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Wyoming chosen for direct air capture plant

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Wyoming has already established itself as a national leader on power-sector carbon capture and geologic storage. It may soon add direct air capture to the list.

A pair of U.S. technology companies announced Thursday that they will build a first-of-its-kind facility — Project Bison — to remove carbon from the atmosphere and store it permanently underground, with operations beginning by the end of next year and scaling up to capture 5 million tons of CO2 annually by 2030.

That’s roughly equivalent to the emissions of 1.2 coal-fired power plants or 11.4 natural gas-fired power plants, according to the Environmental Protection Agency.

“As the Energy State, we are committed to advancing the carbon management industry in Wyoming,” Gov. Mark Gordon said in a written statement. “We are an early leader in developing carbon capture possibilities and policy. The interest in locating a project of this scale here demonstrates Wyoming’s commitment to CO2 capture, use and storage projects as this industry develops.”

Glen Murrell, executive director of the Wyoming Energy Authority, said in the same press release that “Project Bison — and others like it — have the potential to contribute to Wyoming’s net zero aspirations. Wyoming has been a leader in carbon management, and we welcome CarbonCapture Inc.’s commitment to the state.”

The California-based direct air capture developer partnered with Dallas-based, sequestration-focused Frontier Carbon Solutions to design a facility that can handle both capture and storage.

They believe it will be the first carbon removal plant in the country that will use class VI wells to inject carbon into deep geologic formations, and chose to build it in Wyoming due to the abundance of underground storage options and “the broad availability of renewable and zero carbon energy sources as well as the favorable regulatory and operating environment for carbon storage,” according to a press release.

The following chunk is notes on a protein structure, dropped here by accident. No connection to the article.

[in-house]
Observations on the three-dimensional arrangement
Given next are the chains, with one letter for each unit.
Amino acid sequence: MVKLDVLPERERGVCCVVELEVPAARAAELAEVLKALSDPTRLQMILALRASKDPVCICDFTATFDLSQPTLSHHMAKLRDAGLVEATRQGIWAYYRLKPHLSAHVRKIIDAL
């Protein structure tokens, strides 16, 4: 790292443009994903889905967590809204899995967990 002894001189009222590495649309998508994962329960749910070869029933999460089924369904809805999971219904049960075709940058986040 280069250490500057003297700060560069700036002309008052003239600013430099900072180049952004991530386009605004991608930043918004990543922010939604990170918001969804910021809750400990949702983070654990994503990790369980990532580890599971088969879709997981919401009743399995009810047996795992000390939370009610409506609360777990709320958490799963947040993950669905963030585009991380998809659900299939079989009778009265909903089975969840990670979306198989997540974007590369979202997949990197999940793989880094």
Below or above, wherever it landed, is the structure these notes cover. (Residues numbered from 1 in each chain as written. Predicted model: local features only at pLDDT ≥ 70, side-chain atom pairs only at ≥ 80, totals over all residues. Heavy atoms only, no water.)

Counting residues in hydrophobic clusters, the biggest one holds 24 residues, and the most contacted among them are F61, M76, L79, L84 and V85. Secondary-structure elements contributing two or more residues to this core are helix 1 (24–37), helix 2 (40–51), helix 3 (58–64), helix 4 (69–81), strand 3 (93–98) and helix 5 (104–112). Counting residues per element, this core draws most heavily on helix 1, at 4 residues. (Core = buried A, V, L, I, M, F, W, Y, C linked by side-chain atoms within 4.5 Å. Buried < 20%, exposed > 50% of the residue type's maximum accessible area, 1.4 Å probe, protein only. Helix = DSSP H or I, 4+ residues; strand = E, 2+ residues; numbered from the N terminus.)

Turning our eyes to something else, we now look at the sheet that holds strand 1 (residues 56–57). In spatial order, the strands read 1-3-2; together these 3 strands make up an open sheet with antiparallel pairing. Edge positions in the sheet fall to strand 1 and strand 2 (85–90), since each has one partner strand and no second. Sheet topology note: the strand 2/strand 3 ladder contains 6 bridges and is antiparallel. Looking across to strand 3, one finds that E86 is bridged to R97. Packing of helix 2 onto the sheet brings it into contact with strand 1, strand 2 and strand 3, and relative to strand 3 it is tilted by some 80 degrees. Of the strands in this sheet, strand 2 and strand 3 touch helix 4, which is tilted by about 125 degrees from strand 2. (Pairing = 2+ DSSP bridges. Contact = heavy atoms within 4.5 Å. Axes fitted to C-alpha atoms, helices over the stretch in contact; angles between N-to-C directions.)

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The companies did not specify where the facility will be constructed.

Sarah Fitz-Gerald, chief strategy officer at the Wyoming Business Council, praised the fact that direct air capture can harness the state’s affinity for energy and its skilled workforce. And Scott Quillinan, senior director of research at the University of Wyoming’s school of energy resources, believes the state’s early investments in carbon capture, utilization and storage are paying off.

The tax credits and other incentives for carbon capture and storage included in the Inflation Reduction Act that President Joe Biden signed into law last month — and which Wyoming’s Congressional delegation strongly opposed — removed the last barrier and enabled the companies to move forward with the project, CarbonCapture CEO and CTO Adrian Corless said in a written statement.

“We now have the ingredients needed to scale (direct air capture) to megaton levels by the end of this decade,” Corless said.


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